Our team continues to be here for you and your cherished pets. We are OPEN and are now able to provide a wide range of services. To learn more about the changes we have implemented in response to COVID-19 and what to expect during your next visit, click here.
As cats reach the age of seven and older, they start to mature. Older cats need more medical attention, as they age at a rapid rate. A lot can change in just a few months, so we recommend having your senior pet examined at least every six months. Blood work is also often recommended for senior pets. An exam lets us know how they are doing physically, but blood work can tell us much more about what is going on inside. Senior cats commonly have kidney and thyroid diseases. By coming in frequently, these diseases can be diagnosed and treated earlier in attempt to slow progression.
What are the stages of a senior cat’s life? How to spot signs of ageing?
As cats age, there are several concerns that commonly come to surface. Older joints have more difficulty comfortably moving around, which can result in sleeping more, difficulty standing, and difficulty getting in and out of the litter box. They may also lose weight and become pickier with food, so it is important to keep them interested in eating by feeding palatable senior diets.
My senior cat is losing weight, what can I do?
There can be several reasons for weight loss, so starting with an exam and potentially running blood work on your pet is the first step.
How can I care for my senior cat?
We recommend coming in for an exam every six months with your cat, as they age at a rapid rate. Feeding a diet that is appropriate for them is also important. That may consist of a senior’s diet, or if they have any special conditions, a more case-specific diet may be recommended. We also recommend annual blood work for senior pets.
What are some common health issues?
Teeth concerns (periodontal disease), weight/muscle loss, arthritis, kidney failure, thyroid disorders are all common health concerns for a senior cat.
Why is my senior cat having behavioural issues?
There may be an underlying cause for behavioural changes in senior cats. It is important to rule out any medical causes.
I recently had my check-up with Dr. B, and he mentioned that I have a lot of tartar on my teeth and something called a resorptive lesion. I had been noticing that my mouth wasn’t feeling so clean, and it did hurt when I ate my kibble.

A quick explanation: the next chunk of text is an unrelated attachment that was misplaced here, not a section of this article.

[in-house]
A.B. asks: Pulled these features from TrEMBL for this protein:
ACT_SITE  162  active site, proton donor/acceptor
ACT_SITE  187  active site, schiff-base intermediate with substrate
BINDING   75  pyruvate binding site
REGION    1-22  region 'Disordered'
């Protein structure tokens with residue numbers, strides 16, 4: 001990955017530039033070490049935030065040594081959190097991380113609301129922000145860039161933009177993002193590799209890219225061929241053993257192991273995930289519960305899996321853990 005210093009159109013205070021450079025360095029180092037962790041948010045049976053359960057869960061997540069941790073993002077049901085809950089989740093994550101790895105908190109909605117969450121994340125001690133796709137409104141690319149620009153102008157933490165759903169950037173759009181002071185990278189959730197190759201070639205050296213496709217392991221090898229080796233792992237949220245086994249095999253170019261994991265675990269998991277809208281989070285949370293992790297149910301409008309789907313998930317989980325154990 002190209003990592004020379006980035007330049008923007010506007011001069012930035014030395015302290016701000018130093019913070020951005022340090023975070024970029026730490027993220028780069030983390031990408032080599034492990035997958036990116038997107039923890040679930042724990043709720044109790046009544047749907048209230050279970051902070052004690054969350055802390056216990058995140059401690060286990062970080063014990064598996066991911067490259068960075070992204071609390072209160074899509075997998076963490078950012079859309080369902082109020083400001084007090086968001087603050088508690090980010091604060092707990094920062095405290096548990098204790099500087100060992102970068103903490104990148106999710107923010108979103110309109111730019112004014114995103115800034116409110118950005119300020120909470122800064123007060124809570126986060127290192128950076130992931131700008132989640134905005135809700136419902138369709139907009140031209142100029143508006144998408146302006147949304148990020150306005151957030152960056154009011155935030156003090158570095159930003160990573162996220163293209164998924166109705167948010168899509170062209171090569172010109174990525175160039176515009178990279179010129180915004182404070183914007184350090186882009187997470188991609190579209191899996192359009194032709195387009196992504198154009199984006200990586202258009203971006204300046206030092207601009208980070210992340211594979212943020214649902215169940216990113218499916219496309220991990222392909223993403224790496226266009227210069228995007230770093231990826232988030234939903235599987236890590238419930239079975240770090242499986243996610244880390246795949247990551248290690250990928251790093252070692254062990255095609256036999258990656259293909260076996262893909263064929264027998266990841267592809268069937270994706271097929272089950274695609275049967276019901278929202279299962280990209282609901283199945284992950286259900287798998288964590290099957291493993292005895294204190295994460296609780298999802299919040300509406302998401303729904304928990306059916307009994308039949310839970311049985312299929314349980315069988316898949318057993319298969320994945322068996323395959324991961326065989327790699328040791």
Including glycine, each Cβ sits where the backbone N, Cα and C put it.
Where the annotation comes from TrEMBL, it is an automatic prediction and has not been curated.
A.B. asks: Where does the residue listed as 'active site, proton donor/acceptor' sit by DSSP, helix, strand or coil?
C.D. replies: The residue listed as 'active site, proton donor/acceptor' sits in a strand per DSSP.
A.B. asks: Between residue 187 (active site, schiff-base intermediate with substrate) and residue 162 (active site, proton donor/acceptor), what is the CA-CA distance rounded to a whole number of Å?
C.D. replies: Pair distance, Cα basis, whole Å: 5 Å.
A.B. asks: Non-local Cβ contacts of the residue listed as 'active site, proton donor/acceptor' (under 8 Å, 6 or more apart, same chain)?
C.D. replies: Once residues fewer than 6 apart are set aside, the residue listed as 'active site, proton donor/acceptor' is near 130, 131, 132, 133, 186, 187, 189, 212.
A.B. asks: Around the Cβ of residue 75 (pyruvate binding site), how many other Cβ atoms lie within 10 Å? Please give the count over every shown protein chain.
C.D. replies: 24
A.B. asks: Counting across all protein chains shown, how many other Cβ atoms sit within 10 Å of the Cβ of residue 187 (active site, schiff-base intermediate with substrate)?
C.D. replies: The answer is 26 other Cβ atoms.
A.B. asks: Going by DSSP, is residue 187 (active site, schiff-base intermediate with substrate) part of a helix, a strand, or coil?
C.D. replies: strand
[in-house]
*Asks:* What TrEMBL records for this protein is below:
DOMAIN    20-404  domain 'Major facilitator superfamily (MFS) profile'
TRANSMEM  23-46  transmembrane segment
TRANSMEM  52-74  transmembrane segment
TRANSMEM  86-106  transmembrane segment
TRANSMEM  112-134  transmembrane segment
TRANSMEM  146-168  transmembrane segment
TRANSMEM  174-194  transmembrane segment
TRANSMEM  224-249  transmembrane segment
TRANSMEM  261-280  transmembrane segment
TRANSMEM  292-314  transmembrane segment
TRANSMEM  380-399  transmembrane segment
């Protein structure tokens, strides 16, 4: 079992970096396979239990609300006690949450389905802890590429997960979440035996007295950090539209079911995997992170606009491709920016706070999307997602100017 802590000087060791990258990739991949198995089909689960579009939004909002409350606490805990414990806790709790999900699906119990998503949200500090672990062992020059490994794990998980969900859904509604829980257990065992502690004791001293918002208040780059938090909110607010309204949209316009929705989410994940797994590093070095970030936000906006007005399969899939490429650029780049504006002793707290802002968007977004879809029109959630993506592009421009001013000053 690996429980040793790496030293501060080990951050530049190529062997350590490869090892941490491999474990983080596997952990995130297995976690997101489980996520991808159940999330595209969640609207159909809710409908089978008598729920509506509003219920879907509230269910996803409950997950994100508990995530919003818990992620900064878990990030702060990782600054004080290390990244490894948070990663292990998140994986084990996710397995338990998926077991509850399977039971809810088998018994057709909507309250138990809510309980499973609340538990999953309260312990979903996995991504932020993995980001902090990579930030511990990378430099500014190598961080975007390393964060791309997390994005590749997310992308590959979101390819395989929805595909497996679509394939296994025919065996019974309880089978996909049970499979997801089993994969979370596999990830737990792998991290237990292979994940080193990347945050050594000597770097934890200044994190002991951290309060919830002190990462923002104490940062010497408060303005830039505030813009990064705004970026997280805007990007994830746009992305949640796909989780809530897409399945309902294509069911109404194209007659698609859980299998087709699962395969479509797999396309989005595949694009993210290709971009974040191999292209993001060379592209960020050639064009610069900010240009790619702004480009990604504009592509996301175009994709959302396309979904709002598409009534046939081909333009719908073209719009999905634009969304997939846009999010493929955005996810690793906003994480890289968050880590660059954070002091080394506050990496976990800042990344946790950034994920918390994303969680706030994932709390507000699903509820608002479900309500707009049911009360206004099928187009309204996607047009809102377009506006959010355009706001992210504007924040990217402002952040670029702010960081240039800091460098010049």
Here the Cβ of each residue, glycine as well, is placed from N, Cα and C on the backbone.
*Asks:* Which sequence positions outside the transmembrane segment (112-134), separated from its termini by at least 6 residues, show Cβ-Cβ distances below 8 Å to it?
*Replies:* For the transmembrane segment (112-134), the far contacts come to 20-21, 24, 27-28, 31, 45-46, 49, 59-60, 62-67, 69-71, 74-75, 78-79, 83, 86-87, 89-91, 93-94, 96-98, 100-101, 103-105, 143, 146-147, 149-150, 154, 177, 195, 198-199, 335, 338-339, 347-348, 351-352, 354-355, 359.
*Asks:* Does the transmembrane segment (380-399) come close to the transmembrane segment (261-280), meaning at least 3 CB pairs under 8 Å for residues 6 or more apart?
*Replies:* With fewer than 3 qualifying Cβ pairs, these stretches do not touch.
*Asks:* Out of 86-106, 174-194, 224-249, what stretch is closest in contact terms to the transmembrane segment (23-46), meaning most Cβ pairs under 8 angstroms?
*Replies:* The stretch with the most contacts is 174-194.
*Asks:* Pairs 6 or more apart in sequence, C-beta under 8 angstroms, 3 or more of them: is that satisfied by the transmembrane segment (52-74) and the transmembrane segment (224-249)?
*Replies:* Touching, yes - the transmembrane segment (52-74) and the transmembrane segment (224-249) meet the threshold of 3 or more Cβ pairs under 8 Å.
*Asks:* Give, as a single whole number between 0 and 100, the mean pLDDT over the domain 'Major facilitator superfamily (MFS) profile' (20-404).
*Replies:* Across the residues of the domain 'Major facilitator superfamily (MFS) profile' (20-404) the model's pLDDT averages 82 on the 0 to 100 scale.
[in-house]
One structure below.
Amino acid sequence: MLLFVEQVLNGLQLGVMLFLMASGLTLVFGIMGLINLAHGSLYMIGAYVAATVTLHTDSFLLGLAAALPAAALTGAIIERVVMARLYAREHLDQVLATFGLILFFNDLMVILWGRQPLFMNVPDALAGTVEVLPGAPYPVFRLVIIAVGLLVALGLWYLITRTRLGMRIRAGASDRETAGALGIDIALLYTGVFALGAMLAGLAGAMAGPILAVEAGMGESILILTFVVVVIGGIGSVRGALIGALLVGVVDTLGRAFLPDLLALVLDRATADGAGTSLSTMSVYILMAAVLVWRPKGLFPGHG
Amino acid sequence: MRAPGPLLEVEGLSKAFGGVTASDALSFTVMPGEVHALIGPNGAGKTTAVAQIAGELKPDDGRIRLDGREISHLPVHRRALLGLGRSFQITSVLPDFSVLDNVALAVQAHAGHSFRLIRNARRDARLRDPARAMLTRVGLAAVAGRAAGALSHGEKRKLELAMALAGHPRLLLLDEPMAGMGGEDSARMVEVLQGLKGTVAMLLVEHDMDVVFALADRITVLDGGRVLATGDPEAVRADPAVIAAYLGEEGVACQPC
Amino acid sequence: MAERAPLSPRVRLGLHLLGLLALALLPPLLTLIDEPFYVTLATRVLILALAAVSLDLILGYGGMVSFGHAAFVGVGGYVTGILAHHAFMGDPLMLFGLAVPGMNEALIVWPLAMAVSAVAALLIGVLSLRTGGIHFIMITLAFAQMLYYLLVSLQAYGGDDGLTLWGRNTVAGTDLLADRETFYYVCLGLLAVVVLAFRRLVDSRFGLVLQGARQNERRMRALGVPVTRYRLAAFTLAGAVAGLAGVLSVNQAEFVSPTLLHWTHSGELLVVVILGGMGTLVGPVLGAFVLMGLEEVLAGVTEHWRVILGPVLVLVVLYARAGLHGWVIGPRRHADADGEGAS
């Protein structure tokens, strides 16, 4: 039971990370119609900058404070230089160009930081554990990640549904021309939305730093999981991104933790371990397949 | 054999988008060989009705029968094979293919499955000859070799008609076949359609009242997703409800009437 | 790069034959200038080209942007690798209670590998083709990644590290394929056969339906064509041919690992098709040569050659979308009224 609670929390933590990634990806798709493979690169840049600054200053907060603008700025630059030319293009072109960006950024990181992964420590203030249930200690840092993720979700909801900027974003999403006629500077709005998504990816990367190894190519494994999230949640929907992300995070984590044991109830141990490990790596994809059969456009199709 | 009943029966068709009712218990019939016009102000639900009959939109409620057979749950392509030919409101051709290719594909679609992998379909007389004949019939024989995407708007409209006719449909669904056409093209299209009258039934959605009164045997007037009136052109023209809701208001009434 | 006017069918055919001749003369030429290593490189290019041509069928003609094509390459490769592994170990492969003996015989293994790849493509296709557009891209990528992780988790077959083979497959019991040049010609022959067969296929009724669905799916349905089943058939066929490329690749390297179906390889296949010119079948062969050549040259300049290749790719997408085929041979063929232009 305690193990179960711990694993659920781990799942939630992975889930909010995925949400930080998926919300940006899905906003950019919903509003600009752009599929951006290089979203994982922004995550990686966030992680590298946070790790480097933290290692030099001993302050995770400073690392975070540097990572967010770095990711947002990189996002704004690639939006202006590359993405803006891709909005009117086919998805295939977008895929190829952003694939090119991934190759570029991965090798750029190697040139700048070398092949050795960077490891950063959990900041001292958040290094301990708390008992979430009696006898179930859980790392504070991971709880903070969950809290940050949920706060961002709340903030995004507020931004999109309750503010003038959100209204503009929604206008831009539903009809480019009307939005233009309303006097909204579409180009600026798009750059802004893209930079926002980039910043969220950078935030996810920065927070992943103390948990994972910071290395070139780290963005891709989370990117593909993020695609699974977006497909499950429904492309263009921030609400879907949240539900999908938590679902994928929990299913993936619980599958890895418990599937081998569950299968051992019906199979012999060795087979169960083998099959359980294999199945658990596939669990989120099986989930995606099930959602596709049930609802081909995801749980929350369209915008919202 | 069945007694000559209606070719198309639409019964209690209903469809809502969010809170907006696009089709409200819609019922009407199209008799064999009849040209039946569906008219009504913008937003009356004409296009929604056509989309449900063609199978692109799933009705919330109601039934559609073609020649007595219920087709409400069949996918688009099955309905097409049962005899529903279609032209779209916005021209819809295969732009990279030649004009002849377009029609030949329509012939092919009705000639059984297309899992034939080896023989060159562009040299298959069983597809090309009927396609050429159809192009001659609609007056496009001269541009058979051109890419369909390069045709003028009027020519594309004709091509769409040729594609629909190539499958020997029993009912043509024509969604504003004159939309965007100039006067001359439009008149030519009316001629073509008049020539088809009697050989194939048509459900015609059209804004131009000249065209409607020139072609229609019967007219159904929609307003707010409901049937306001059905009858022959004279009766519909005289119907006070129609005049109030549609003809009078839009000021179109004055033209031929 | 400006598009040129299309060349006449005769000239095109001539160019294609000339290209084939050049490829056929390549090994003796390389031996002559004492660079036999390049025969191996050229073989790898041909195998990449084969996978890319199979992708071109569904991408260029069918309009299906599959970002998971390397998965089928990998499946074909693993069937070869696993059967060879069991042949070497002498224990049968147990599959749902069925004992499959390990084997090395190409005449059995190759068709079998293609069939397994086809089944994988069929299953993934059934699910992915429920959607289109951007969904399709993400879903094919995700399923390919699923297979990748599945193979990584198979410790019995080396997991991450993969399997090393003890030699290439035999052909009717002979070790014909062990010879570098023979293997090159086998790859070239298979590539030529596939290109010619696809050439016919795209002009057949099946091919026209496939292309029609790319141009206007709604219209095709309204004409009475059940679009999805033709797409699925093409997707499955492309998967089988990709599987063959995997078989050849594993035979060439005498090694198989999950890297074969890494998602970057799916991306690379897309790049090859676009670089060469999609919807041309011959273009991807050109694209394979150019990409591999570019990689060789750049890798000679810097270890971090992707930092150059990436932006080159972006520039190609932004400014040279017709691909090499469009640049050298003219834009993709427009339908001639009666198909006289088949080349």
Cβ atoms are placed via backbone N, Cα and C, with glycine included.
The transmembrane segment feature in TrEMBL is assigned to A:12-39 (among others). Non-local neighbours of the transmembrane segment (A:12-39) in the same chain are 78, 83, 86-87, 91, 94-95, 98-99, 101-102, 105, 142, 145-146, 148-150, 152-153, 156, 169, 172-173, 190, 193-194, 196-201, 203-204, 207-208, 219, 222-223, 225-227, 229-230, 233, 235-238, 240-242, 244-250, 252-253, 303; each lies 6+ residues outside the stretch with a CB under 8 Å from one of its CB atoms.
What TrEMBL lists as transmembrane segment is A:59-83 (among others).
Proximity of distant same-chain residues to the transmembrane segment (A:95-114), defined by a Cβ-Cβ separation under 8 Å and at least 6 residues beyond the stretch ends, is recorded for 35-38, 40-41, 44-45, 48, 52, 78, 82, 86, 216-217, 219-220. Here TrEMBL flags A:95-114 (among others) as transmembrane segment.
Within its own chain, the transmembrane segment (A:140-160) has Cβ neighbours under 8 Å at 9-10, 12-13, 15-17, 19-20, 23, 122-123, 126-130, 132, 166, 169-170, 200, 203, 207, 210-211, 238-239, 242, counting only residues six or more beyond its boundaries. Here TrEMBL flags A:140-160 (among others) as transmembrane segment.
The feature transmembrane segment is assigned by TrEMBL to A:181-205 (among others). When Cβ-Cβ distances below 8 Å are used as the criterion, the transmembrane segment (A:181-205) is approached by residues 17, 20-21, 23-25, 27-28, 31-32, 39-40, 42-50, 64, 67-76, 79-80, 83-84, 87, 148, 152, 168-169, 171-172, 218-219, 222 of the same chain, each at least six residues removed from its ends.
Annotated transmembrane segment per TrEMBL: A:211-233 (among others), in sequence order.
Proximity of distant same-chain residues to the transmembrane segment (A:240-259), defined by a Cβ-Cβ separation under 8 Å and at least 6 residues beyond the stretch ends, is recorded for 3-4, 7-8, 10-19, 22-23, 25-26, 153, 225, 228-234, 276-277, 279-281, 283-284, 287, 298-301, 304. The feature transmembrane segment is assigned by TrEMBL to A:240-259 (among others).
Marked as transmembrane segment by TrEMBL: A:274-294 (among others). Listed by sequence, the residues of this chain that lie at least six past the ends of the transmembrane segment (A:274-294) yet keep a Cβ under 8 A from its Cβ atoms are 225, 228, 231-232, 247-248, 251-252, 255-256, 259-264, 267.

With recent changes to restrictions on businesses, we are pleased to advise that effective May 25, 2020 the restrictions on veterinary practices have been lifted. Based on these changes, below are some important updates to our operating policies.
1. WE CAN NOW SEE ALL CASES BY APPOINTMENT ONLY
This includes vaccines, wellness exams, blood work, heartworm testing, spays and neuters, dental services, and more!
2. SAFETY MEASURES TO KEEP EVERYONE SAFE
Continue our "closed waiting room" policy to protect our clients and staff. When you arrive, please remain outside the hospital and use your cell phone to call us. We will take a history of your pet's health and discuss any concerns. A staff member will then meet you outside to bring your pet into the hospital for an examination. The Veterinarian will call you to discuss the recommended treatment plan. After your appointment, a staff member will return your pet to you outside, and take care of any needed medications and payment.
Continue the use of credit cards as the preferred payment method.
Continue with curbside pickup of food and medication (unless you have used our online store and are having your order delivered directly to your home). To place an order through our online store, visit our website and click on "Online Store".
3. ONLINE CONSULTATIONS ARE AVAILABLE
If you wish to connect with a veterinarian via message, phone or video, visit our website and follow the "Online Consultation" link.
4. NEW PET OWNERS
Have you welcomed a new furry family member to your home? We’d love to meet them! Visit our Must Know New Pet Owner Information page for useful resources and helpful recommendations for new pet owners.
5. OPERATING HOURS
We are OPEN with the following hours:
- Monday to Friday: 9:00 am - 6:00 pm - Saturday: 9:00 am - 5:30 pm Sunday: CLOSED
Thank you for your patience and understanding and we look forward to seeing you and your furry family members again!
- Your dedicated team at Mill Creek Animal Hospital